On 28 February 2022, the Intergovernmental Panel on Climate Change (IPCC) released its most worrying report. The report underscores the impact of climate-induced shocks on cities, people, and nature while stressing the crucial need for cross-border cooperation. In recognition of the multifaceted effects of the climate emergency witnessed during the 2021 floods in Europe, the UNU Climate Resilience Initiative (CRI) was conceptualised in August 2021 and officially launched on 8 February 2022. The virtual launch featured remarks and reflections by policy representatives and researchers on the need for cross-border collaboration to address the increasing climate risks, risk perceptions, and adaptation and transformation needs associated with climate-induced extreme weather events.
From Europe to Asia – the dramatic consequences of the climate emergency are being witnessed worldwide. July 2021 saw catastrophic floods across several European countries, including Germany, Belgium, and the Netherlands. The devastating impacts of the floods revealed significant gaps in understanding the climate crisis. They reiterated the urgent need for proactive adaptation, innovation, and transformation towards climate-resilient development. This urgency is echoed in the latest report by the Intergovernmental Panel on Climate Change (IPCC), released on 28 February 2022. Said to be the most worrying yet, the IPCC report underscores the impact of climate-induced shocks on cities, people, and nature while stressing the crucial need for cross-border cooperation. “This report is a dire warning about the consequences of inaction,” said Hoesung Lee, Chair of the IPCC. “It shows that climate change is a grave and mounting threat to our wellbeing and a healthy planet. Our actions today will shape how people adapt, and nature responds to increasing climate risks.” Against this background, and in recognition of the multifaceted effects of the climate emergency, the United Nations University (UNU) institutes in Bruges, Belgium (UNU-CRIS), Bonn, Germany (UNU-EHS), and Maastricht, the Netherlands (UNU-MERIT) launched the UNU Climate Resilience Initiative (UNU CRI) on 8 February 2022.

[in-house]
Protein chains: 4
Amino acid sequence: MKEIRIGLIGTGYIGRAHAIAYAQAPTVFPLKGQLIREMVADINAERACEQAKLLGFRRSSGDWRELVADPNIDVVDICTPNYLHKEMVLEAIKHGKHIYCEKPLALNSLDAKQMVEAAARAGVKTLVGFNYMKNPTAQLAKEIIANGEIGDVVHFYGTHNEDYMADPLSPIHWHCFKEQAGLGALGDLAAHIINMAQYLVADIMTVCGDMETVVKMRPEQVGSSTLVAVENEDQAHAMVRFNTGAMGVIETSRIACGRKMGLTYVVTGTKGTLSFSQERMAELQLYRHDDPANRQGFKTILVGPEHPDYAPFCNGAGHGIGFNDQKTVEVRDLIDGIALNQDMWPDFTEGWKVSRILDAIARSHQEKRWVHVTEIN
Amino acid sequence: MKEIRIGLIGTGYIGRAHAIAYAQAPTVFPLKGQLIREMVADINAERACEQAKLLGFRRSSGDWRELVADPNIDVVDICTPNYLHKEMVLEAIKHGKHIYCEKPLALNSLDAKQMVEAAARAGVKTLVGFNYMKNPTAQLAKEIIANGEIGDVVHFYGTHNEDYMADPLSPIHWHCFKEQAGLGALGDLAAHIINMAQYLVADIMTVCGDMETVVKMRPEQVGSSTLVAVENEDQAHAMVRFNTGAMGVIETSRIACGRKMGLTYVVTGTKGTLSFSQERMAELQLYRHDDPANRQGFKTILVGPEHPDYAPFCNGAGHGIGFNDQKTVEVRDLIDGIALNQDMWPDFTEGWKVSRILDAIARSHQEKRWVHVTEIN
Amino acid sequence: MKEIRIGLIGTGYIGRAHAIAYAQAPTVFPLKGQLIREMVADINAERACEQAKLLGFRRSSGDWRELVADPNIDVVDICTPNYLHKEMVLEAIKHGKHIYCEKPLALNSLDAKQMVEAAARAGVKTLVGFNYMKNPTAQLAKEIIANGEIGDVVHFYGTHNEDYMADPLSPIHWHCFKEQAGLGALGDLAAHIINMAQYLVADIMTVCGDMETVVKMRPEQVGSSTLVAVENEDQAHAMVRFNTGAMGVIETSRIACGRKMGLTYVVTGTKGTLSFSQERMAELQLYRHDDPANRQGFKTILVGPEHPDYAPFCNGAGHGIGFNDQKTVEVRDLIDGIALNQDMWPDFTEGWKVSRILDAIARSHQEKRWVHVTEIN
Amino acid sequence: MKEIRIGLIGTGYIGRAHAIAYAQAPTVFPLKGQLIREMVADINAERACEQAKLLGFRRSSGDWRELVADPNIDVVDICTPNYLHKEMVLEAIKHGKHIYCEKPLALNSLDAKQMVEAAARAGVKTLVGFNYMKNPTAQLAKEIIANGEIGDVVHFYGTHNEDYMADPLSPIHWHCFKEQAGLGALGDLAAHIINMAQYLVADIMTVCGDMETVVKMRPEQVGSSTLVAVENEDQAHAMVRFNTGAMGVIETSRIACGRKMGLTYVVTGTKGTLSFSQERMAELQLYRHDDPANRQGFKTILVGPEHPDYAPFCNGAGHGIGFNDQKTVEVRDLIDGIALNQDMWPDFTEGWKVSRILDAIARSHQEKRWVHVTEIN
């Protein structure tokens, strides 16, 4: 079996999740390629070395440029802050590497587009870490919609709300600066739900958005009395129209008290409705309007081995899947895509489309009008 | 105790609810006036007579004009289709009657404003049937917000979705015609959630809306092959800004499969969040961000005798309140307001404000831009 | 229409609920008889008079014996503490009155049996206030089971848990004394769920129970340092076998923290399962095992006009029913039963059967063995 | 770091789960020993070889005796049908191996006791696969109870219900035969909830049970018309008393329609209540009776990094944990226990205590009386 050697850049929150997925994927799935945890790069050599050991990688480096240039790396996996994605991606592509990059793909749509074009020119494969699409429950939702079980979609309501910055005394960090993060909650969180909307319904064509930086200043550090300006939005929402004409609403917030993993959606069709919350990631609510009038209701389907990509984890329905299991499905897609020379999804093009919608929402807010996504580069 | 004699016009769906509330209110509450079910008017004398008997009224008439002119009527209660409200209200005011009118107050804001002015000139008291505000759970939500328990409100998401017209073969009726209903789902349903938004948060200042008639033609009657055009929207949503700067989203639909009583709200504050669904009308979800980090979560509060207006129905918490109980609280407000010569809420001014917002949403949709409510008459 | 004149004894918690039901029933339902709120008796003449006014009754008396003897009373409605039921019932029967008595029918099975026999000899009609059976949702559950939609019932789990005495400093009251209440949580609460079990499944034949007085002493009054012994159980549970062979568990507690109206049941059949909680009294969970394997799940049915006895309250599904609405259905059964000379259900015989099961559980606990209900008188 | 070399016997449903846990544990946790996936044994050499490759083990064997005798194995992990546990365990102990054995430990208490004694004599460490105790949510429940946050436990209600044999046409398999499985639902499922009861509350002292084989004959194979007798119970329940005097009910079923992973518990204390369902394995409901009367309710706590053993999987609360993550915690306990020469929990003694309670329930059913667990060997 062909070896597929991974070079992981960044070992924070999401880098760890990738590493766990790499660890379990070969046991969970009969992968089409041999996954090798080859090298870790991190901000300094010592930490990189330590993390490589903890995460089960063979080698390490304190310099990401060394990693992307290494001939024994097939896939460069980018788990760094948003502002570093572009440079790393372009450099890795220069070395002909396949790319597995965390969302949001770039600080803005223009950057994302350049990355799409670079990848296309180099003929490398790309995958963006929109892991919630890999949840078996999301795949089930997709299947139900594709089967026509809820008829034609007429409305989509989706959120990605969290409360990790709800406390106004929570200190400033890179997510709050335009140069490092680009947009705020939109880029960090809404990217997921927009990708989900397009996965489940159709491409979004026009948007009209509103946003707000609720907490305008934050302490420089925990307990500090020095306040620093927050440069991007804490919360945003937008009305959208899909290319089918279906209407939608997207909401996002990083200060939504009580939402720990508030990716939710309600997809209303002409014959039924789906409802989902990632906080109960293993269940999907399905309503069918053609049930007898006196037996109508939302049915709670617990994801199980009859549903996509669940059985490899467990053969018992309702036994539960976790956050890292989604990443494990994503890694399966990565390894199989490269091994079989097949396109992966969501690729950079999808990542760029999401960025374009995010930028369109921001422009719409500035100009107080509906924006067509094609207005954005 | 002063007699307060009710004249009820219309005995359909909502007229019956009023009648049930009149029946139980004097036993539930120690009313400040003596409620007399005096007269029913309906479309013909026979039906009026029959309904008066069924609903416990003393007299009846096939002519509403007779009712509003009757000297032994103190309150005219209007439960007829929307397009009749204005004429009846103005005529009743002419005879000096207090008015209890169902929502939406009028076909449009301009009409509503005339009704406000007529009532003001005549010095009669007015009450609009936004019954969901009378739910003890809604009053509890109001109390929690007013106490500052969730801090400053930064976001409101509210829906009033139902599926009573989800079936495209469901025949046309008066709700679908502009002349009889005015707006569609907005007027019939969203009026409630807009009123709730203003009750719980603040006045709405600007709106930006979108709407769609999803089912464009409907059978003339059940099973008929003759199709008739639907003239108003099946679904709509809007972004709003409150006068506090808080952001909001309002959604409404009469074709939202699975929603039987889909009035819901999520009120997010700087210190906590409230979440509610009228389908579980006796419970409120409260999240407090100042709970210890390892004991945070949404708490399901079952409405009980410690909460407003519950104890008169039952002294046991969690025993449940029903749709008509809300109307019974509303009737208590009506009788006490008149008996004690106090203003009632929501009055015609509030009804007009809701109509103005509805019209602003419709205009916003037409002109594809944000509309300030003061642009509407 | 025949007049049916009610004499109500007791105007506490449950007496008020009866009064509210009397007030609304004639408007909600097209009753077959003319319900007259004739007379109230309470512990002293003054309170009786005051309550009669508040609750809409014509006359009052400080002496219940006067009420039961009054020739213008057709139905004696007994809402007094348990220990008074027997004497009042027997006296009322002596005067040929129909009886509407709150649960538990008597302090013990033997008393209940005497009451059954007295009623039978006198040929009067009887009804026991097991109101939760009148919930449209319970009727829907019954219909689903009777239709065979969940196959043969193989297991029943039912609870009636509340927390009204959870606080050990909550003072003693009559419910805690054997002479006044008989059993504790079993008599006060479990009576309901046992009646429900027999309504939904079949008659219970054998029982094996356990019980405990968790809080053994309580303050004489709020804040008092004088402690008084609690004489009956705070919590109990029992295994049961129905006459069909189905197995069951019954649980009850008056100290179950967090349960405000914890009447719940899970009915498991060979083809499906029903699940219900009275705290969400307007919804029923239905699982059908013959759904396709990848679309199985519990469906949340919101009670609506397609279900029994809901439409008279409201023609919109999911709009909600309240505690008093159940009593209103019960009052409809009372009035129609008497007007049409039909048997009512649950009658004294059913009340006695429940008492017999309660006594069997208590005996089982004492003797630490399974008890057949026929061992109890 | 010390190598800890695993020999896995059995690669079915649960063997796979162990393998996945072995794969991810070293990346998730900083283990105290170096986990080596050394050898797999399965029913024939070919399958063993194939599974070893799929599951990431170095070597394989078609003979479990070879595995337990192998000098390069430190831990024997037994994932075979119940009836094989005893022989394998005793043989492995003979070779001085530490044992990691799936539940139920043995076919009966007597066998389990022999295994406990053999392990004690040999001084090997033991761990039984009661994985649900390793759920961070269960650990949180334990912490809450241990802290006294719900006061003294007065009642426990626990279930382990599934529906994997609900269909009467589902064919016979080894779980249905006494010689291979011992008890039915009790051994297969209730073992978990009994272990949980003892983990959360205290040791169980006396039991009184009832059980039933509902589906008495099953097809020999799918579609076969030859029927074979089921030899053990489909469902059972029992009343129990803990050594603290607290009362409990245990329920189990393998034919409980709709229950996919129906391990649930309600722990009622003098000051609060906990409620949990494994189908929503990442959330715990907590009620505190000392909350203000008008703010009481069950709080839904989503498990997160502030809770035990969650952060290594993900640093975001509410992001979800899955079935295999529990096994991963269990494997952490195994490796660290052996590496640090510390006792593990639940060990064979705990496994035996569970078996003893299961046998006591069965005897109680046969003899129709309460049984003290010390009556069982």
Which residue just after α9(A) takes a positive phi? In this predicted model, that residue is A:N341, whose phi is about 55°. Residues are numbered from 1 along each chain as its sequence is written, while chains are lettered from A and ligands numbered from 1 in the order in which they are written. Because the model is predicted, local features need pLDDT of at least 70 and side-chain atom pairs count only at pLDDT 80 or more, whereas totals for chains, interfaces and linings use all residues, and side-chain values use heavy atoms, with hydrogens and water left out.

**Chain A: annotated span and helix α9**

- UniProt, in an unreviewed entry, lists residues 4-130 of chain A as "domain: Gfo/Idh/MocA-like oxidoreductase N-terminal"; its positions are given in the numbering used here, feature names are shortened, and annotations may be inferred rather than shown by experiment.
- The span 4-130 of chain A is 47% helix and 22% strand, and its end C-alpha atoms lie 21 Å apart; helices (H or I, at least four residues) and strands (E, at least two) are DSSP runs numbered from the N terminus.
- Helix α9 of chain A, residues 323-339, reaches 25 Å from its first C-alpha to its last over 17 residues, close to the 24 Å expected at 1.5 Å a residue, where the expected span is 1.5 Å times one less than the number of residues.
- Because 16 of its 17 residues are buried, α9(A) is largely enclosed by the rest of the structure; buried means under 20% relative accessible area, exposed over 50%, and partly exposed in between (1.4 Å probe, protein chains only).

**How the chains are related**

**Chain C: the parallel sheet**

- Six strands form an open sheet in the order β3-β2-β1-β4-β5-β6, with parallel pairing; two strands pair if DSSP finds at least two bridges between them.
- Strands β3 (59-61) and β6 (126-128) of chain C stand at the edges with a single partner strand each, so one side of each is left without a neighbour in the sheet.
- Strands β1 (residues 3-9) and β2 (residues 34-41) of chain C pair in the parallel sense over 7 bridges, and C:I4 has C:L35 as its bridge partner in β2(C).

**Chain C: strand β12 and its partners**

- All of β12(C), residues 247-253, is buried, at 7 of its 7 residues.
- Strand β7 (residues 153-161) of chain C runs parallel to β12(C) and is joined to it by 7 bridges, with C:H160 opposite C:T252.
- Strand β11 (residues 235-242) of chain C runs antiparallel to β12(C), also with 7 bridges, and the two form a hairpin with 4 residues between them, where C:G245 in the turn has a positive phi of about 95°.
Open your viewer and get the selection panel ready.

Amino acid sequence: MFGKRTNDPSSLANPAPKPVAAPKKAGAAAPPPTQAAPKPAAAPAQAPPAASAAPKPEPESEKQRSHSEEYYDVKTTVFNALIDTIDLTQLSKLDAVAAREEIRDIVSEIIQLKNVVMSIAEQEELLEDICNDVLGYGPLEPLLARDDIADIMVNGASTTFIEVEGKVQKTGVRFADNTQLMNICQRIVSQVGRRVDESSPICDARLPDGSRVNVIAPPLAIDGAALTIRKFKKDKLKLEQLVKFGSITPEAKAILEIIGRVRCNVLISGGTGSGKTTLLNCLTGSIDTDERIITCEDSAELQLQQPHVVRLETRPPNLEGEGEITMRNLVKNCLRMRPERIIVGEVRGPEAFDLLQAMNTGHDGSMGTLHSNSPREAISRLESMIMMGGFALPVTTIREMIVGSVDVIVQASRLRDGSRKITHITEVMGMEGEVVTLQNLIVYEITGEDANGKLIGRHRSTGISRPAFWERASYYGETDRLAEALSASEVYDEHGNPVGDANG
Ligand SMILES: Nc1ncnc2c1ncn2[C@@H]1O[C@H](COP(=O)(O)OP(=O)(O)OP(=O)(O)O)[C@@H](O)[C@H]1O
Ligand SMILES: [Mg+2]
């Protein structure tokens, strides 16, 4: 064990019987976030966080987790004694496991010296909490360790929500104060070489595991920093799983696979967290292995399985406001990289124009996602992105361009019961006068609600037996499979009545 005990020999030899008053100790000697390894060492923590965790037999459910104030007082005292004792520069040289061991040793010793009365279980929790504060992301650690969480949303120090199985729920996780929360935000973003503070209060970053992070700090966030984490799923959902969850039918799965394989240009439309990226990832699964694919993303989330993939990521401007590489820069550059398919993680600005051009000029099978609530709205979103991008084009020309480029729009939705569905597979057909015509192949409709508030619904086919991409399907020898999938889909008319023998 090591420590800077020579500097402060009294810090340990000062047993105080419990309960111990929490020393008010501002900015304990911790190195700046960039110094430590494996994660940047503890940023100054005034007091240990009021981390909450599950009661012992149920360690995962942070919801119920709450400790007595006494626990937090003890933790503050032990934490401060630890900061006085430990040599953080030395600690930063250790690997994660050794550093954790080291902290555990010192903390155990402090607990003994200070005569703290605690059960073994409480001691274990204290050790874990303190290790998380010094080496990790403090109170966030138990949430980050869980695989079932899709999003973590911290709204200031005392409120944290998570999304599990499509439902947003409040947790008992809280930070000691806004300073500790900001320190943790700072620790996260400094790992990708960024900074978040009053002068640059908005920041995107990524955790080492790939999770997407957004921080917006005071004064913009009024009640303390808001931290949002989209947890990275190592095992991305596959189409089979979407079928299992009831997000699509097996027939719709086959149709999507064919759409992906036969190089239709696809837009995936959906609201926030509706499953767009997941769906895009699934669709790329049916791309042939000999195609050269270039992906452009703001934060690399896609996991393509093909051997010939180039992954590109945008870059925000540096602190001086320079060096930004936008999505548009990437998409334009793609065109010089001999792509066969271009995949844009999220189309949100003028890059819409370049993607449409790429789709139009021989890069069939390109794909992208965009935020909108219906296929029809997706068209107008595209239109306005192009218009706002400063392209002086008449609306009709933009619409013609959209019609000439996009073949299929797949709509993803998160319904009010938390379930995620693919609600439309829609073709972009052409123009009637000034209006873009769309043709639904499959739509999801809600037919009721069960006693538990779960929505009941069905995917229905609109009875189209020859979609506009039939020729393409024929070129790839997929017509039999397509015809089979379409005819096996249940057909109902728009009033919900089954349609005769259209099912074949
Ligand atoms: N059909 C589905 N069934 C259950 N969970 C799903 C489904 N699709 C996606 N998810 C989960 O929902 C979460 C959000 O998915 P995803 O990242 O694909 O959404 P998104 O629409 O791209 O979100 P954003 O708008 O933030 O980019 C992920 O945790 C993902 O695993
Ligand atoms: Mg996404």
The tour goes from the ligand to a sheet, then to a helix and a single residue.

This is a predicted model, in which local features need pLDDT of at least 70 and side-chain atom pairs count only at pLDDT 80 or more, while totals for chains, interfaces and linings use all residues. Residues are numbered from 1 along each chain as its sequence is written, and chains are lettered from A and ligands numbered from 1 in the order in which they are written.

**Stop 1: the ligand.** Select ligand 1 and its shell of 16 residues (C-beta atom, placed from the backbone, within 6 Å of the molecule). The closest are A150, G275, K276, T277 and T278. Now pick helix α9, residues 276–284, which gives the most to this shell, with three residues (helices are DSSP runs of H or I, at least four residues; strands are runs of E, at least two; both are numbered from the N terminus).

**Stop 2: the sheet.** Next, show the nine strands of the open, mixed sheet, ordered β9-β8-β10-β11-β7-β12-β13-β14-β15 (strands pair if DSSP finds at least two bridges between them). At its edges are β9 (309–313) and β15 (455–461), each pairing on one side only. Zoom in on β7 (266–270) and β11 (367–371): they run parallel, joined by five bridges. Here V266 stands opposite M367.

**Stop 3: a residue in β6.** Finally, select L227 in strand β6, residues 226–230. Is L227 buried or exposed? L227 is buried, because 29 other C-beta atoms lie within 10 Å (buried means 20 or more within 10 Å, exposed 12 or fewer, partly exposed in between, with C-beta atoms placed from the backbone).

The Initiative is a joint response by the three institutes to address the increasing risks and transformation needs associated with extreme climate events. Conceptualised in August 2021 and now composed of more than 50 researchers from UNU-CRIS, UNU-EHS and UNU-MERIT, the Initiative seeks to identify critical knowledge gaps, foster collaboration, and develop a comprehensive research agenda to inform climate policy at the local, regional, and international levels. The virtual launch attended by nearly 130 participants and stakeholders from across 20 countries, including researchers, policymakers, youth networks, disaster risk management agencies and students, also highlighted the various work packages and outputs by the project coordination team members. Moderated by Keith Burnet, Senior Communications Advisor (UNU-MERIT), the launch comprised inputs by policy representatives from Germany, Belgium, and the Netherlands, who highlighted the repercussions and the on-ground measures mobilised in the aftermath of the 2021 floods in their respective regions.
In remarks shared by a representative, Ms Petra Berkner, (Directorate-General for European and International Cooperation in Education and Research, Federal Ministry of Education and Research (BMBF), Germany) said:
“Last summer, we experienced climate change right at our doorstep – our colleagues and their homes were personally affected by the floods in Europe. This brutal catastrophe has revealed just how vulnerable we are to climate change and that it is time to act. That’s why the Federal Ministry of Education and Research (BMBF), has decided to fund several projects that support local communities in building back better – at the national and international levels. The UNU CRI is an ideal platform for the international linkages. Together we can and we must learn from the experiences of local and global partners.”
Describing the events in the Limburg region of the Netherlands, Mr Patrick van der Broeck (Chair, Water Board in Limburg, the Netherlands) added:
“July 2021 was an incredible storm; historical amounts of water came together in 24 hours. The result created an alarming crisis for the region of Limburg – 600 businesses and 2500 homes suffered extreme damage and there are many people who still haven’t been able to return to their homes. At the peak, some 50,000 people were evacuated, and the damage mounts up to a staggering 1.8 billion euro. That is why I seek support and collaboration from regional and international partners, so we can be better prepared for such events in the future.”